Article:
IB DP Physics: HL复习笔记12.1.9 The Uncertainty Principle

The Uncertainty Principle

  • The quantisation of energy levels and their associated wave functions leads to some surprising outcomes
    • One of these outcomes is known as the uncertainty principle
  • The uncertainty principle states that:
There are certain pairs of physical quantities that are cannot be known precisely at the same time
  • This leads to two consequences related to:
    • Position and momentum
    • Energy and time

Position & Momentum

  • One example is that it is not possible to know the position and the momentum of a quantum particle precisely
  • This can be represented in equation form as:
  • Where:
    • Δx = change in displacement
    • Δpx = change in momentum
    • h = Planck's constant
  • This equation shows that:
    • The better the position of the particle is known, the less precise is the knowledge of its momentum
  • The value of Planck’s constant is small so this limitation only becomes important for small particles within the quantum regime - it does not apply in the Newtonian mechanics that you have used to calculate momentum for larger objects

Energy & Time

  • There is a similar relationship between energy and time where both cannot be known precisely
  • Where:
    • ΔE = change in energy
    • Δt = change in time
    • h = Planck's constant

Wavefunctions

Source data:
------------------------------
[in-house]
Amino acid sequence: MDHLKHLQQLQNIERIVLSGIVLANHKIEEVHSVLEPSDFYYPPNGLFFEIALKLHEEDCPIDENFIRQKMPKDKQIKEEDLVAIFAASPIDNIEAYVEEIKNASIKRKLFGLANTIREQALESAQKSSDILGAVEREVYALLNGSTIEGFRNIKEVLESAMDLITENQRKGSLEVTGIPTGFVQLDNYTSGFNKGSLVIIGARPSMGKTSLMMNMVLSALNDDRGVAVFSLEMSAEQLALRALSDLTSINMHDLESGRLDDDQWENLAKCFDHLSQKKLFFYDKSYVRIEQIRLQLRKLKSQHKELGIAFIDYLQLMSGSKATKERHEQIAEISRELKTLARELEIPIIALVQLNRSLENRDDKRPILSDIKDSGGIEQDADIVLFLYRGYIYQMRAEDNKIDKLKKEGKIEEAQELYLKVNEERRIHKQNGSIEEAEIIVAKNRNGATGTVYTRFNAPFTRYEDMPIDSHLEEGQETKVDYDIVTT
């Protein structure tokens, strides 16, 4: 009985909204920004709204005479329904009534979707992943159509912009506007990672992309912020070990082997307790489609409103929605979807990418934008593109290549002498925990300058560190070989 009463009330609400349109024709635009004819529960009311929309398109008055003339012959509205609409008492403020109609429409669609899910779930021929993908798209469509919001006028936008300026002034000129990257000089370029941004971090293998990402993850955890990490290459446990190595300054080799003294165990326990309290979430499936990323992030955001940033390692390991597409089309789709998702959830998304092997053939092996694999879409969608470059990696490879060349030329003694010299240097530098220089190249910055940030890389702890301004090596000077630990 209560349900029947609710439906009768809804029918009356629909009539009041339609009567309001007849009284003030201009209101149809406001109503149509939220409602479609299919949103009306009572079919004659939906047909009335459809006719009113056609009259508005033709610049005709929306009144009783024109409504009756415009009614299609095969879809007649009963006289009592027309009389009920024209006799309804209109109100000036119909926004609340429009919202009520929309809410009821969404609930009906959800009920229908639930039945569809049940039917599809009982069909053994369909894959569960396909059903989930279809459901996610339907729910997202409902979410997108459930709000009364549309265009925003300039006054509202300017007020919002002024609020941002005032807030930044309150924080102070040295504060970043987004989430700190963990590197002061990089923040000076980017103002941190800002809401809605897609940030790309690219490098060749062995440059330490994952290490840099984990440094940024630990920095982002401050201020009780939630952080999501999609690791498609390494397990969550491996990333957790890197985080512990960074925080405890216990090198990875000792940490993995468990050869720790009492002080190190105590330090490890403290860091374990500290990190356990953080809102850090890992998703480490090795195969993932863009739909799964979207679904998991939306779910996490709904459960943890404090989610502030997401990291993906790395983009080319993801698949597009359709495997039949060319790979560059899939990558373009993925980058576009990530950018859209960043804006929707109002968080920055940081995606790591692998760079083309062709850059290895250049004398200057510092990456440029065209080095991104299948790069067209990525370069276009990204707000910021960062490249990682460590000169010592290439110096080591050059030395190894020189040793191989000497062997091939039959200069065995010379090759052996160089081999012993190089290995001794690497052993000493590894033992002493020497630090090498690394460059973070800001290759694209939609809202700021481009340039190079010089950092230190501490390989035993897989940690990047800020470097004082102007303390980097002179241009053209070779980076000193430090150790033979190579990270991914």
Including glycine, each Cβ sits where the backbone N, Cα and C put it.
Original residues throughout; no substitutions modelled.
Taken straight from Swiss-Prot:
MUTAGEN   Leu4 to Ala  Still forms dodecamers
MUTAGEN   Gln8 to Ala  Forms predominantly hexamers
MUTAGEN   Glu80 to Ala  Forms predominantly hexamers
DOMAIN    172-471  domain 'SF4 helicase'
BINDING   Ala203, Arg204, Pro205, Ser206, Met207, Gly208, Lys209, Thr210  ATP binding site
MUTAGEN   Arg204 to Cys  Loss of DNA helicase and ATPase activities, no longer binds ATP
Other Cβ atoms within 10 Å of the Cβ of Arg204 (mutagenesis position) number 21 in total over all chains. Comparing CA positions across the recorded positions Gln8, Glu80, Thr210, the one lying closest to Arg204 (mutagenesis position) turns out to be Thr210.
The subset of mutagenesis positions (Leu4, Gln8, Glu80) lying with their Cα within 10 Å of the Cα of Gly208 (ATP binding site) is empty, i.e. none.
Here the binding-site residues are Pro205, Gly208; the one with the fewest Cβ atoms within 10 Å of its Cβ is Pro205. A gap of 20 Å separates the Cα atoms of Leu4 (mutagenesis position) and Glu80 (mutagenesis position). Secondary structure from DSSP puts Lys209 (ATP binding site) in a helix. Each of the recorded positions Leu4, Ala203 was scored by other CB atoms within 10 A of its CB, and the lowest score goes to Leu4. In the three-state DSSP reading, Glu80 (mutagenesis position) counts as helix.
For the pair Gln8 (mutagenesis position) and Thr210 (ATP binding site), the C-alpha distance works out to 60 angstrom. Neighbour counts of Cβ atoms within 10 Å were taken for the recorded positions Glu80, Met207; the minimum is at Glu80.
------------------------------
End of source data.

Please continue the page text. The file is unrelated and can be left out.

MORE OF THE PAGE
• This principle can be demonstrated by looking at the wavefunctions associated with quantum particles that are nearly 'free'
    • For example, those associated with the energy levels in a 'swimming pool' potential energy well
  • The graph of wavefunction vs position shows that while the momentum is known precisely the position of the particle is unknown

12-1-9-uncertainty-1-ib-hl

The wave function of a free particle with a fixed energy. The wave function shows it has a single value of momentum while the probability distributions shows that the particle can be anywhere in space.

  • For a particle in a 'swimming pool' potential well, its energy levels are close together
    • Hence, the wave function can be a mixture of the wavefunctions associated with a number of closely spaced energy levels
  • For a range of five neighbouring energy levels, the wavefunction can be obtained by adding the individual wavefunctions
    • This is a result of the principle of superposition
  • This gives rise to a wave packet, meaning the particle is more likely to be in a particular region of space
  • This can be shown by a graph of the probability distribution vs position
    • This helps to visualise how the approximate uncertainty in the position, Δx and momentum Δpx can be determined

12-1-9-uncertainty-2-ib-hl

A wave packet made from the wavefunctions associated with five closely spaced energy levels. The probability distribution is shown along with the uncertainty in position and momentum.

  • Consider the wavefunctions associated with five and ten energy levels with the probability distribution and the estimates of Δx and Δpx
  • Comparing the two sets of graphs, it can be seen that:
    • As the momentum becomes less well known the position becomes more well known

12-1-9-uncertainty-3-ib-hl

A wave packet made from the wavefunctions associated with five closely spaced energy levels. The probability distribution is shown along with the uncertainty in position and momentum.

Worked Example

A narrow beam of electrons with velocity 106 m s−1 are directed towards a slit which is 10-9 m wide.

The electrons are observed on a screen placed 2.0 m from the slit.

Estimate the length of the area of the screen where electrons will be seen in appreciable numbers.

 

 

 

 

 

 

 

 

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